The Federal Communications Commission’s
spectrum license auction ended late Monday, raising total net revenues of
more than $410 million.
The auctioned licenses can be used by companies to provide a variety of
fixed wireless services including local, long distance, high speed data and
Internet access information services.
William Kennard, FCC chairman said companies that won the bids would help
create competition in the wireless market segment.
“This auction has inserted 2,173 new fixed wireless licenses into the
marketplace,” Kennard said. “Winning bidders have the potential to create
robust competition to the local telephone companies and other local service
providers. This should result in lower prices and more choices for consumers.”
The auction began on April 12 and ended after 73 rounds of bidding. Of the
29 winning bidders 18 claimed small business status. A total of 2,450
licenses were auctioned. Unsold licenses will be part of a future auction.
Thomas Sugrue, FCC Wireless Telecommunications Bureau chief, said small
businesses won bids on almost 40 percent of the total licenses won.
“These licenses will provide winning bidders with the opportunity to use
the latest technologies to meet consumers communications needs,” Sugrue
said. “The auction also created significant opportunities for small
businesses, which acquired 849 licenses in 171 markets for various exciting
new wireless services.”
Winstar Communications Inc. Tuesday
announced that it was one of the top bidders in the FCC auction.
As a result of its winning bid, Winstar
was able to
enhance its spectrum portfolio in each of the top 60 U.S. markets, adding a
total of 109 new channels in these markets and raising its average spectrum
holdings from approximately 800 MHz to over 1000 MHz in each market.
Winstar’s bids totaled approximately $161 million for 931 licenses,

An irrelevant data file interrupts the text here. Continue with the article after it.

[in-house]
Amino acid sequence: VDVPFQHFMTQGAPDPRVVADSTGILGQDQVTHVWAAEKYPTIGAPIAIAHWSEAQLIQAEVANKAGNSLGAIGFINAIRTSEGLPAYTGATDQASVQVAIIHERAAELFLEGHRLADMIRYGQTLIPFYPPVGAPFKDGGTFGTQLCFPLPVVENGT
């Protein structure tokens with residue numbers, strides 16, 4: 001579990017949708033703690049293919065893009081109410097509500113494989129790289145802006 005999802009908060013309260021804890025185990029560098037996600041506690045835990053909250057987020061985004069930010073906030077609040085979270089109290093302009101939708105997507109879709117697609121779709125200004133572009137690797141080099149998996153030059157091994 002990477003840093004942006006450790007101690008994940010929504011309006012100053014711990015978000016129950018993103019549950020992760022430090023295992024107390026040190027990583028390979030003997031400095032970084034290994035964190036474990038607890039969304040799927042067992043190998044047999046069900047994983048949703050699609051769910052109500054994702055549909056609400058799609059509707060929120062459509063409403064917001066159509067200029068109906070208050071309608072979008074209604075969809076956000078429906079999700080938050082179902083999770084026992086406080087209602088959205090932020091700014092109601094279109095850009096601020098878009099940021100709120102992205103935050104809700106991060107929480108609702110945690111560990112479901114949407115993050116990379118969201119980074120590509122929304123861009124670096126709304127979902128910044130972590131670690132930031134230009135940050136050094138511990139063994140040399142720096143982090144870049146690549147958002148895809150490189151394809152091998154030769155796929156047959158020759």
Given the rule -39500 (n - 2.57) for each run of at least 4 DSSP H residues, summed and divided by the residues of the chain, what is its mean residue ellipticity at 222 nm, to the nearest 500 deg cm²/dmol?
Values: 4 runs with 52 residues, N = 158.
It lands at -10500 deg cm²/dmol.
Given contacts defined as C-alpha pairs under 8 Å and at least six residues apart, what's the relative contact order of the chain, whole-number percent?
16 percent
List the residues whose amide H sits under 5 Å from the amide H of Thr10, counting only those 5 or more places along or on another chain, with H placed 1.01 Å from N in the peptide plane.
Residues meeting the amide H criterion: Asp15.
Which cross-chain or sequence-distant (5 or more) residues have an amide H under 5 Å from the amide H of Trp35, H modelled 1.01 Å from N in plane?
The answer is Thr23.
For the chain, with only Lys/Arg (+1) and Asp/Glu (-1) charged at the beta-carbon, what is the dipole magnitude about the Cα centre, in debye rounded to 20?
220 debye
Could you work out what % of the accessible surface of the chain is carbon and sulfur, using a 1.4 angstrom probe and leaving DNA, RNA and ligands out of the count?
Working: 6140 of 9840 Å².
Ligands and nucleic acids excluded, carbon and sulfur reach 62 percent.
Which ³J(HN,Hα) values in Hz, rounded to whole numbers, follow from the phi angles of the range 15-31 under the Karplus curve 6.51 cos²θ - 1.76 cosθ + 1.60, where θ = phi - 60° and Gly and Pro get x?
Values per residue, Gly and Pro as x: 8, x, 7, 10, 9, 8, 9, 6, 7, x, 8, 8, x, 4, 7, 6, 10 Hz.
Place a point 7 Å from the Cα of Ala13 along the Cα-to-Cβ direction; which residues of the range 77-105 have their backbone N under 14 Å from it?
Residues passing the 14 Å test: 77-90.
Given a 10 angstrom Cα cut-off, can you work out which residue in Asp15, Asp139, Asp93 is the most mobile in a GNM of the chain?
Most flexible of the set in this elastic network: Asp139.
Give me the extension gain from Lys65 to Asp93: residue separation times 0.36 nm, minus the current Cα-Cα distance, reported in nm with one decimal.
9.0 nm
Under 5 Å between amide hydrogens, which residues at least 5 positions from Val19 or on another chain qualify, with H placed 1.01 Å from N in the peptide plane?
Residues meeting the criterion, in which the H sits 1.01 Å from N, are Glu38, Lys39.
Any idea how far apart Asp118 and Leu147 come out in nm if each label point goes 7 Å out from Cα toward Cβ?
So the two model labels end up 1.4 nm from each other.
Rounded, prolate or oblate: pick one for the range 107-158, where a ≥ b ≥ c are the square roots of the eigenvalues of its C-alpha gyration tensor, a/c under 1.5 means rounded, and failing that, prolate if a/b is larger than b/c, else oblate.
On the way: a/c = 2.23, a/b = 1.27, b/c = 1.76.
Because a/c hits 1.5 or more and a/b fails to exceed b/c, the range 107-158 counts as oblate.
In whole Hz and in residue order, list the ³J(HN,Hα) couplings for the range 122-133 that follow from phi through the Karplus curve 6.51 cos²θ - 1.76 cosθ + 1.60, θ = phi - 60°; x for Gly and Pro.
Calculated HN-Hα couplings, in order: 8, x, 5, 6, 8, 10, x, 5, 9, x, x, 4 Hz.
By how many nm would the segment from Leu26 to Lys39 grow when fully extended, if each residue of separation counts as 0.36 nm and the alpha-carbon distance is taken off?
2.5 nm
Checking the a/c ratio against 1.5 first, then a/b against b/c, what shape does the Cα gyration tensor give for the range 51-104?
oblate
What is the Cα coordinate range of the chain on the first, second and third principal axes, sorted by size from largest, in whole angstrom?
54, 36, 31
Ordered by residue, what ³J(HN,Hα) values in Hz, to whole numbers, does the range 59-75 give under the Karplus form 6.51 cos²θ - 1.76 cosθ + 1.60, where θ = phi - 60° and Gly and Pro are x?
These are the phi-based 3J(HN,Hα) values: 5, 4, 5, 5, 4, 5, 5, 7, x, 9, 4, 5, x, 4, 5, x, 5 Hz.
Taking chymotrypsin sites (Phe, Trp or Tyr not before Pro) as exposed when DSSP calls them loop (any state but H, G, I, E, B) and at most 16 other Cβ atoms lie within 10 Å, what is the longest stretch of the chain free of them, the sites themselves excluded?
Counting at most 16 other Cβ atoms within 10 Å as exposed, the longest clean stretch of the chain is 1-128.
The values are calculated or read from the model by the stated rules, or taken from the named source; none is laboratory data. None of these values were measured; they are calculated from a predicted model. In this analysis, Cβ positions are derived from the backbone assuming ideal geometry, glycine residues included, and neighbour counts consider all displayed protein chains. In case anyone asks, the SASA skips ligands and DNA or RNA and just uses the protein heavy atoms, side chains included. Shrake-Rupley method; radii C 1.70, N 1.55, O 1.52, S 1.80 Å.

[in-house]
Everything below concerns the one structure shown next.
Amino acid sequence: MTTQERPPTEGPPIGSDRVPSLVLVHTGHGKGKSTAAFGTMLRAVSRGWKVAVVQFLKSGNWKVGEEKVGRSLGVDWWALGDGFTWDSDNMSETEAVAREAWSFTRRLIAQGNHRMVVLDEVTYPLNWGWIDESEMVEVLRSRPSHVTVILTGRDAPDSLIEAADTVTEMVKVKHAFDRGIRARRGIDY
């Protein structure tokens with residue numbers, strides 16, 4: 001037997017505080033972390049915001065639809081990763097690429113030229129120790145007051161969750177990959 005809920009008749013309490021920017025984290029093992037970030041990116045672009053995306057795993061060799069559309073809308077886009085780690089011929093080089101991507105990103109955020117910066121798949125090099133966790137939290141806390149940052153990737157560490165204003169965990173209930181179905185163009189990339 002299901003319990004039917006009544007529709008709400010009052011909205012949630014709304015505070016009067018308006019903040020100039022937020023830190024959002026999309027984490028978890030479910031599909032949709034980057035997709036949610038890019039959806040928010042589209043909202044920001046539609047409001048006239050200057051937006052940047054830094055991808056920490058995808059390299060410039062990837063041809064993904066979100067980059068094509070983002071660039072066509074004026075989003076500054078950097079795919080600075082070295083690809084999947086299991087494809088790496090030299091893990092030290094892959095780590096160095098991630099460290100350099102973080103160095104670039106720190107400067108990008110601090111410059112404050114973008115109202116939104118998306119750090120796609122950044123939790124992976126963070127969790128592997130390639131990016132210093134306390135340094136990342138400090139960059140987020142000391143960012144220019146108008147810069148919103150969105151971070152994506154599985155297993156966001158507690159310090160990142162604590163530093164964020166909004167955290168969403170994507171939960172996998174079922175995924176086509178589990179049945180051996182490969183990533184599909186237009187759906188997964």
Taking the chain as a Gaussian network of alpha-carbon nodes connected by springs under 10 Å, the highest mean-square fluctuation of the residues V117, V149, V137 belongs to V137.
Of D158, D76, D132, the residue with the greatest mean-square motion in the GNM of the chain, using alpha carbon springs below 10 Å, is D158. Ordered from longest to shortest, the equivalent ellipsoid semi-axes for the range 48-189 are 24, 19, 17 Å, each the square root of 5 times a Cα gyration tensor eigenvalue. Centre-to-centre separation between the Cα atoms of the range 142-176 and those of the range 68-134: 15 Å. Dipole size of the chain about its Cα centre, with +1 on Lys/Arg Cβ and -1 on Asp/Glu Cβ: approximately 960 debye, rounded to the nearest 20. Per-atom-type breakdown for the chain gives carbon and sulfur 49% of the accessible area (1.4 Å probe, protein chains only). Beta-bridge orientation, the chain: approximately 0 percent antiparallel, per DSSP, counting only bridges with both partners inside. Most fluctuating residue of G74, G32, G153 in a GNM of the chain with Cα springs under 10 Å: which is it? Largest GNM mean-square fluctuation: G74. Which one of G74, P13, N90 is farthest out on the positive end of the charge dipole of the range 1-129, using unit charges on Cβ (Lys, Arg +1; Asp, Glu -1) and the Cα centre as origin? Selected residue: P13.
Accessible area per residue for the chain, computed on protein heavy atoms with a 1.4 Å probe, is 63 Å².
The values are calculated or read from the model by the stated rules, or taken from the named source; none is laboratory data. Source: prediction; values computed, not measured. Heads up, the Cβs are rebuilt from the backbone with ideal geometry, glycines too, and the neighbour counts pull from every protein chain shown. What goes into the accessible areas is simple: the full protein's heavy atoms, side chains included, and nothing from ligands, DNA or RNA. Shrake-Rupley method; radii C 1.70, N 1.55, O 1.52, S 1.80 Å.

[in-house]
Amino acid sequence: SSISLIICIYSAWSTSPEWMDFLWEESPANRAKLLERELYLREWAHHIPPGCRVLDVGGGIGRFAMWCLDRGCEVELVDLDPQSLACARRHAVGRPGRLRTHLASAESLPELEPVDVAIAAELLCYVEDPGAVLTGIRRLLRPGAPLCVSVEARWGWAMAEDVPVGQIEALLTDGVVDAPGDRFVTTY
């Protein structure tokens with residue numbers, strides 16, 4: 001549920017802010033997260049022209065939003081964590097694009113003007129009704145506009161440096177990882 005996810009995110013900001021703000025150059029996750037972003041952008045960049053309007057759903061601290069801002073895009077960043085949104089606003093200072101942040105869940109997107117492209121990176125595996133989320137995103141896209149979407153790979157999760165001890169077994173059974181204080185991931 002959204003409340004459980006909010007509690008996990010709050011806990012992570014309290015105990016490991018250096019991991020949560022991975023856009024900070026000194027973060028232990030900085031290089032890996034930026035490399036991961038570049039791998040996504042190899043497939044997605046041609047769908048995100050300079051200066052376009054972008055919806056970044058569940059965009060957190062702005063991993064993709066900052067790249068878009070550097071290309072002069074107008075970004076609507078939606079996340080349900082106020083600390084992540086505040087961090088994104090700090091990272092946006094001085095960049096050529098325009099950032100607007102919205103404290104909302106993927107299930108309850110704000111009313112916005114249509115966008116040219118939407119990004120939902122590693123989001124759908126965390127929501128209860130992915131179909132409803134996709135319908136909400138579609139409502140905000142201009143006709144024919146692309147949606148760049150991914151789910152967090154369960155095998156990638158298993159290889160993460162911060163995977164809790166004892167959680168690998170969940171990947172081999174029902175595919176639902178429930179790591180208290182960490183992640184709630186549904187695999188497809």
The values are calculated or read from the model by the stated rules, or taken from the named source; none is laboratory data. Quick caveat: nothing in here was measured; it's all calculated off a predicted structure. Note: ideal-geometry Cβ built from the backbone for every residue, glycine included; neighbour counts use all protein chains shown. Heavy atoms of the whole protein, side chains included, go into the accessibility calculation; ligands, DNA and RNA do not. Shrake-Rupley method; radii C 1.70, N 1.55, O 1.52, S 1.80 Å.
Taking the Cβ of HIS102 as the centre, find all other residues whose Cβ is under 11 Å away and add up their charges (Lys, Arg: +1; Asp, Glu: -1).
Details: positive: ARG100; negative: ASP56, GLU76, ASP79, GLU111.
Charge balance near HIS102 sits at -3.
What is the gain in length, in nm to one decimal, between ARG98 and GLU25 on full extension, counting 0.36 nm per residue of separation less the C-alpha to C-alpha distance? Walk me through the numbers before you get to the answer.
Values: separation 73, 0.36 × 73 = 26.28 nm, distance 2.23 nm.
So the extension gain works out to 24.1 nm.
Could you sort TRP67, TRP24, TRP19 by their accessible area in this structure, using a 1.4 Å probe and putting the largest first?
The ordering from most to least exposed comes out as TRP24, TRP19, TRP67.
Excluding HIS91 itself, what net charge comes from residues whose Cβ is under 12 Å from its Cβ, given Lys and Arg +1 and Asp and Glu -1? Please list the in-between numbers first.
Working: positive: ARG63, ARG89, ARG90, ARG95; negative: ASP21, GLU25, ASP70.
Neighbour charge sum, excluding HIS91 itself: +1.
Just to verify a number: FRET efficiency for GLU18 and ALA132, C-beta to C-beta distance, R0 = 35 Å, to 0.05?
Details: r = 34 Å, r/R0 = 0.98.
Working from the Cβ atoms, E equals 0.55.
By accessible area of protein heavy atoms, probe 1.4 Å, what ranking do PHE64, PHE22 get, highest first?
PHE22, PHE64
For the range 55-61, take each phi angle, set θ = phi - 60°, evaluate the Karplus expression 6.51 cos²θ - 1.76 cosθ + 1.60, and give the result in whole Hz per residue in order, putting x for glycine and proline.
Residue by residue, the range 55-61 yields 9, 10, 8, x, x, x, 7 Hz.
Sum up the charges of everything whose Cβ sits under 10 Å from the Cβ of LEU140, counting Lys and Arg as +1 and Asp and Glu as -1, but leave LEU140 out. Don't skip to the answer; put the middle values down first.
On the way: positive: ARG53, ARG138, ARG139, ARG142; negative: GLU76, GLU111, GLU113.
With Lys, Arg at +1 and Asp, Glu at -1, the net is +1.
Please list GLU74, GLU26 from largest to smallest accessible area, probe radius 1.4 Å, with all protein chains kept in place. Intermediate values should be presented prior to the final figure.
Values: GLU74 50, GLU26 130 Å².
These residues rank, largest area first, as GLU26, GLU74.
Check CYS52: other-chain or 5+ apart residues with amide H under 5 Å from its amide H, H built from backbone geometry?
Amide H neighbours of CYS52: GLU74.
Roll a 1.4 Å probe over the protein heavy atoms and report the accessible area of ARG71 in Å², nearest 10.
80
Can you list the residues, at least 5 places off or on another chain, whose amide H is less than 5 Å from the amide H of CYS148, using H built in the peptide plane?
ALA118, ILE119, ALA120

enabling the company to cover an additional 679 million channel pops. The
transaction brings Winstar’s total number of U.S. channel pops to
approximately 2.1 billion.
Because Winstar bid specifically for spectrum licenses that complement its
current footprint, the company was able to extend its target market
coverage in a cost-effective manner. Winstar paid an average of $0.49 per
channel pop for newly acquired spectrum in each of the top 60 markets.
William J. Rouhana, Jr., Winstar chairman and chief executive officer said
the company is well positioned to construct its broadband network.
“Winstar was successful in bidding on licenses that round out our current
spectrum holdings, giving us an unrivaled depth of coverage in the top 60
U.S. target markets,” Rouhana said. “As the only broadband service provider
with ubiquitous national spectrum coverage, Winstar is uniquely positioned
to build the most widely available, end-to-end network and provide a full
portfolio of broadband services to businesses.”
The company anticipates that the FCC will issue the licenses in the next 4
months. Winstar is putting it expertise in network deployment to prepare
for the availability of radio equipment in the 38 GHz band. Winstar
anticipates that it will be able to use this spectrum immediately upon FCC
Winstar’s current portfolio of broadband services include high-speed
Internet access and data transport, Web-based information, applications
services, Web hosting and local and long distance services.
Based in New York City, Winstar operates in more than 70 markets throughout
the U.S., Europe, Asia and South America. It is one of the largest license
holders of broadband fixed wireless spectrum, with licenses in the top 60
U.S. markets and in more than 20 international markets.
The FCC auctioned licenses in 172 economic areas across the U.S
areas in New York, Los Angeles, and Chicago. Licenses were also auctioned
United States territories in Guam and the Northern Mariana Islands, Puerto
Rico and the United States Virgin Islands, and American Samoa.
License winners must make down payments on licenses 10 business days after
the release of the bidding notices and the close of the auction. Winning
bidders must also file their long form applications with the FCC within the